overhead to revenue on the paper side.  The website provides:
  - the repository for, and open access to, the "publicly available 
standards" (those that are free downloads)
  - the catalog sales point for the ISO publications
  - administrative supporting services for the standards development bodies    (08)

To change the funding model, the member bodies would have to re-charter 
the organization.  Other software standards bodies, e.g., W3C, OMG, 
OASIS, have different mechanisms that enable them to publish their 
standards on the Web, and they see that as a requirement for adoption in 
their discipline.  But IT software is a small fraction of the ISO 
domain.  Automotive engineering and refrigeration engineering and 
materials management and healthcare and construction and public safety 
standards organizations, not to mention the IEEE, all have different 
funding and publication models, and many of them are currently suffering 
from similar arrangements.    (09)

The Web is an enabler for users, but it is an economic disruptor for 
these organizations.  And ISO itself is an international organization of 
standards organizations.  Walk a mile in their shoes before you judge them.    (010)

For the record, all of the ISO publications that are freely available 
are IT standards:
  http://standards.iso.org/ittf/PubliclyAvailableStandards    (011)

The reason why ISO wanted a URN is twofold:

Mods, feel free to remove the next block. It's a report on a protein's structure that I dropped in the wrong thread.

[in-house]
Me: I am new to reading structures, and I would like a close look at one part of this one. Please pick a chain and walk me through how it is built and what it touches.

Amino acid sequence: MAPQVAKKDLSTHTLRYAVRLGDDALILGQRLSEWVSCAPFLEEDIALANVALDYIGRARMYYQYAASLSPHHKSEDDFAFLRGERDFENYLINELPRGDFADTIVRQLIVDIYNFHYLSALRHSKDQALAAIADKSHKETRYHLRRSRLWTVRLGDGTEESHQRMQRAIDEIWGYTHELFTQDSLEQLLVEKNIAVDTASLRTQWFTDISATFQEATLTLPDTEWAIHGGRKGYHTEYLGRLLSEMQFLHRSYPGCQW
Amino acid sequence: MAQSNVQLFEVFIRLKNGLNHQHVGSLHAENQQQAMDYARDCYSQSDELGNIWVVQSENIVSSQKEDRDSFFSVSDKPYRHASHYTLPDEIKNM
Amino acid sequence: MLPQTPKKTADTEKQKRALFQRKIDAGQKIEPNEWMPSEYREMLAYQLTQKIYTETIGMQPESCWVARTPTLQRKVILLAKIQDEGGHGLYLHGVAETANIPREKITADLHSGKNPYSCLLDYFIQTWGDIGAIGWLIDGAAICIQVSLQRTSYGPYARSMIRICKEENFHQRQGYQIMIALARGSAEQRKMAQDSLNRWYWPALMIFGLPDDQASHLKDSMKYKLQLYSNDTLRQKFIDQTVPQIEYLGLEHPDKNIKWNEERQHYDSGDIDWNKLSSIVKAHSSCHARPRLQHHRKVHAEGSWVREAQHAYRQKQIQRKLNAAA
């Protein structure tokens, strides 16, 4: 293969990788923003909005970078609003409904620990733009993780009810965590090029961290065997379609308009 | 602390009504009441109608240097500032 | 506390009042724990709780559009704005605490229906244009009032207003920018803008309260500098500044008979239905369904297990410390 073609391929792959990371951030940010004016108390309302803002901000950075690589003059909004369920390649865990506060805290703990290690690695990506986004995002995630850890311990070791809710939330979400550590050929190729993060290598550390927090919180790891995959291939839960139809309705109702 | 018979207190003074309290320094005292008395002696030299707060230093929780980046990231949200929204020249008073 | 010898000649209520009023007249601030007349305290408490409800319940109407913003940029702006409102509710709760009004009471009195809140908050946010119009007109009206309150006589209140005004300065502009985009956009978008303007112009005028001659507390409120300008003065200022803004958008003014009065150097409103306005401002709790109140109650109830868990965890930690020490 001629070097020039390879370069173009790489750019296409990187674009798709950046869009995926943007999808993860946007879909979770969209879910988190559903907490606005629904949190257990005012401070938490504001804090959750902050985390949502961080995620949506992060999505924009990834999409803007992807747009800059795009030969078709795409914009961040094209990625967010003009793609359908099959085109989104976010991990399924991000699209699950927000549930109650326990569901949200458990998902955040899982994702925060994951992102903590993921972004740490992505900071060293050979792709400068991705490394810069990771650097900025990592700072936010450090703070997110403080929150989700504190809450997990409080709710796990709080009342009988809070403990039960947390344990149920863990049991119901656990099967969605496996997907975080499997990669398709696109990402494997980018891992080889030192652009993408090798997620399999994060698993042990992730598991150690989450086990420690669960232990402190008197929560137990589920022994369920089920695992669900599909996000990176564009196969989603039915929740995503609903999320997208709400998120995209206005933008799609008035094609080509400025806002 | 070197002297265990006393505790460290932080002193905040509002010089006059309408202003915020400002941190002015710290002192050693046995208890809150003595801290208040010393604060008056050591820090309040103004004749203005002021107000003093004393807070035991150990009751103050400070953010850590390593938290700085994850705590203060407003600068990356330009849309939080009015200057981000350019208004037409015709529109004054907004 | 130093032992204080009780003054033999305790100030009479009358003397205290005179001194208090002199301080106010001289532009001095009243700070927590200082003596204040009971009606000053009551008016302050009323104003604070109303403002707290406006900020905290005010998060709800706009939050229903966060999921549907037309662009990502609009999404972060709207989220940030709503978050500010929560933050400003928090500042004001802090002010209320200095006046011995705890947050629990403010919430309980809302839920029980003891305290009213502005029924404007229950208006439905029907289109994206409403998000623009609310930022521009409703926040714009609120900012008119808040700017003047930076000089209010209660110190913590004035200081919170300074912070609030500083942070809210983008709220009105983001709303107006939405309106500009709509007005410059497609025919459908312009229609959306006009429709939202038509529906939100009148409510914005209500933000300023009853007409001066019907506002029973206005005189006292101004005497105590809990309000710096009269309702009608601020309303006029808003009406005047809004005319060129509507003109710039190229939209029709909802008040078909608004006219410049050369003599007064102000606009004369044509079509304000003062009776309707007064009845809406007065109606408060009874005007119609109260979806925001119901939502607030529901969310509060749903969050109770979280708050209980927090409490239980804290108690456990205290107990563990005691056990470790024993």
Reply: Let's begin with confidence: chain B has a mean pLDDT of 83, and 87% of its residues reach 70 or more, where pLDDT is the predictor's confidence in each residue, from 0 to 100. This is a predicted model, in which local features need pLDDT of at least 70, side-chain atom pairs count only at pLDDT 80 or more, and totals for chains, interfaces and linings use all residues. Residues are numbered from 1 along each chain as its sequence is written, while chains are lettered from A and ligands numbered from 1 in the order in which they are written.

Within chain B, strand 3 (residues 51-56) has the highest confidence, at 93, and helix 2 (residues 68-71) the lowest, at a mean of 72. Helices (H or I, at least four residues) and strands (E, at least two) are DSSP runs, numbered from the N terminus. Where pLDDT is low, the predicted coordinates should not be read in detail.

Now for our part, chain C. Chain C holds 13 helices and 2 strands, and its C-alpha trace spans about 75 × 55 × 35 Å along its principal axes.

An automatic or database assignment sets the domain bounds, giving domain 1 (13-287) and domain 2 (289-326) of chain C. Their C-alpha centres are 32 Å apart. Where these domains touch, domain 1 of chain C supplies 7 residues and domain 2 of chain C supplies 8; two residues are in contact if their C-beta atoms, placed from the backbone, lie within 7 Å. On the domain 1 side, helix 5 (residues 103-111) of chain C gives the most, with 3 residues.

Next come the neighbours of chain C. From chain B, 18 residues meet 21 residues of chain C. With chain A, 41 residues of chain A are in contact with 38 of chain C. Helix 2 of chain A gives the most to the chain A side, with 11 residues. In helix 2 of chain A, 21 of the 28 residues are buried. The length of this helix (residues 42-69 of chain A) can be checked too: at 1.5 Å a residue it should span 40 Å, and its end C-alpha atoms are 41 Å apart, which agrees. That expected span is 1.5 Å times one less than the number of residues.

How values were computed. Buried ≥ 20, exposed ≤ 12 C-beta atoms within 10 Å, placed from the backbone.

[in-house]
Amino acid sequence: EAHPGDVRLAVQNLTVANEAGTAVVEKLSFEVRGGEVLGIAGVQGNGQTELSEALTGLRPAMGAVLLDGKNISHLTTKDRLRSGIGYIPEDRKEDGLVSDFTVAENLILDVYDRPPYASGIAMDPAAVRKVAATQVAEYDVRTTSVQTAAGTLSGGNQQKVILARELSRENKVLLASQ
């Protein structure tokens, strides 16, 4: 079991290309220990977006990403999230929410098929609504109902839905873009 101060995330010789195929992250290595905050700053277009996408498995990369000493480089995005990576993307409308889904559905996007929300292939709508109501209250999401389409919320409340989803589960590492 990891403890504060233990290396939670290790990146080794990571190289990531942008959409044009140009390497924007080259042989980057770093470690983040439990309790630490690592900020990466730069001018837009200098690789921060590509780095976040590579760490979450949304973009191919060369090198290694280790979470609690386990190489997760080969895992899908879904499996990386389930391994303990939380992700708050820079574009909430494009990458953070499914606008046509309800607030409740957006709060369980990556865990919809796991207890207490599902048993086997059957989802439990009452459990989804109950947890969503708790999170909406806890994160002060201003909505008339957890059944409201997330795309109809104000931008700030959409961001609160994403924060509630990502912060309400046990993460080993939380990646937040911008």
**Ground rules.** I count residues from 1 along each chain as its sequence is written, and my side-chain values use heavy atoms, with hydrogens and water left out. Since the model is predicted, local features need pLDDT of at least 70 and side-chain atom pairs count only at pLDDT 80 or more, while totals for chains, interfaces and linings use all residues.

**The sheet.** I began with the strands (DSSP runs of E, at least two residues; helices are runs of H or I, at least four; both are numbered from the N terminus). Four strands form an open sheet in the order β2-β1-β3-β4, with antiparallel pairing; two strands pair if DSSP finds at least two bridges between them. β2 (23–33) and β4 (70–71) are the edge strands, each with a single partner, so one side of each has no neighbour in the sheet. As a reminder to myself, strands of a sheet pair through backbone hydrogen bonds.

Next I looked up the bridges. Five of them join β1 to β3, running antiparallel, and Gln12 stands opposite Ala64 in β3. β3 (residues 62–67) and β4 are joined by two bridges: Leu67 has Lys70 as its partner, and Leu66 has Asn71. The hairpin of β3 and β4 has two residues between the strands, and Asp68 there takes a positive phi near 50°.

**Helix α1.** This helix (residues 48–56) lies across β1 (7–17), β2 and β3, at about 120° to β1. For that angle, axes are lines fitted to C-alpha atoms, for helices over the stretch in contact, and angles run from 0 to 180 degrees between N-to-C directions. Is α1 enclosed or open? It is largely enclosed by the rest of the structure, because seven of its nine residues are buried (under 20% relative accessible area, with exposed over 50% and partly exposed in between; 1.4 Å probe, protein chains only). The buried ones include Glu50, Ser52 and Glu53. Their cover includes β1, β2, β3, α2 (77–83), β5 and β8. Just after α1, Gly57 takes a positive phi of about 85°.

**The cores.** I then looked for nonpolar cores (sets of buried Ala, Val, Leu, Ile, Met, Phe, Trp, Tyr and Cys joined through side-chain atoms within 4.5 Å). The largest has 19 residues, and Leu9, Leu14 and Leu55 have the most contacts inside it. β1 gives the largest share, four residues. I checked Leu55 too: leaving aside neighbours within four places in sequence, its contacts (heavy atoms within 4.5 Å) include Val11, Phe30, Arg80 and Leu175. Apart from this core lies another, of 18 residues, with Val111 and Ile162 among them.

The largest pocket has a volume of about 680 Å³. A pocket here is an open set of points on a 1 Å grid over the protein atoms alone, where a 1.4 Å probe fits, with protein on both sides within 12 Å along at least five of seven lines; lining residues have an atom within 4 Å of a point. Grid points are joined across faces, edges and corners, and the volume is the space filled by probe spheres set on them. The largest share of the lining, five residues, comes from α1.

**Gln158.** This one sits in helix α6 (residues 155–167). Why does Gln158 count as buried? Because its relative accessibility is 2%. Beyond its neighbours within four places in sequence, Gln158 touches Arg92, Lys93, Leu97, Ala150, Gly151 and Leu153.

- some of the standards are not yet available in electronic form, and 
all the others are available in both paper and electronic form.  The 
idea was to have a uniform means of referring to the standards (and 
their parts) without regard to whether there was a web resource.
  - ISO has co-publishing arrangements with other bodies, usually the 
originating organizations.  So there may be several Web URLs from which 
you could acquire the standard, but there should be only one URI that is 
its official identifier, so that references can be tested for equal. 
The idea was that the URN can be recognized as the reference URI at a 
glance, while any other URI is probably a resource locator.    (012)

We don't need to repeat the urn: v. http: debate, because W3C and IETF 
have been having it for a few years, and Pat Hayes and I are on opposite 
sides.  A large part of standards-making is politics and religion. ;-)    (013)

> I would be just as happy with a "http://unitsml.nist.gov/"; prefix, or a 
> "http://www.bipm.org/vim/"; one.    (014)

I wouldn't know about either.  Bob Dragoset (dragoset at nist.gov) -- 
the human form of unitsml.nist.gov -- would probably know what there is 
to know.    (015)

-Ed    (016)

P.S. Yes, this stuff is my job.    (017)

Edward J. Barkmeyer                        Email: edbark@xxxxxxxx
National Institute of Standards & Technology
Manufacturing Systems Integration Division
100 Bureau Drive, Stop 8263                Tel: +1 301-975-3528
Gaithersburg, MD 20899-8263                FAX: +1 301-975-4694    (018)

"The opinions expressed above do not reflect consensus of NIST,
  and have not been reviewed by any Government authority."    (019)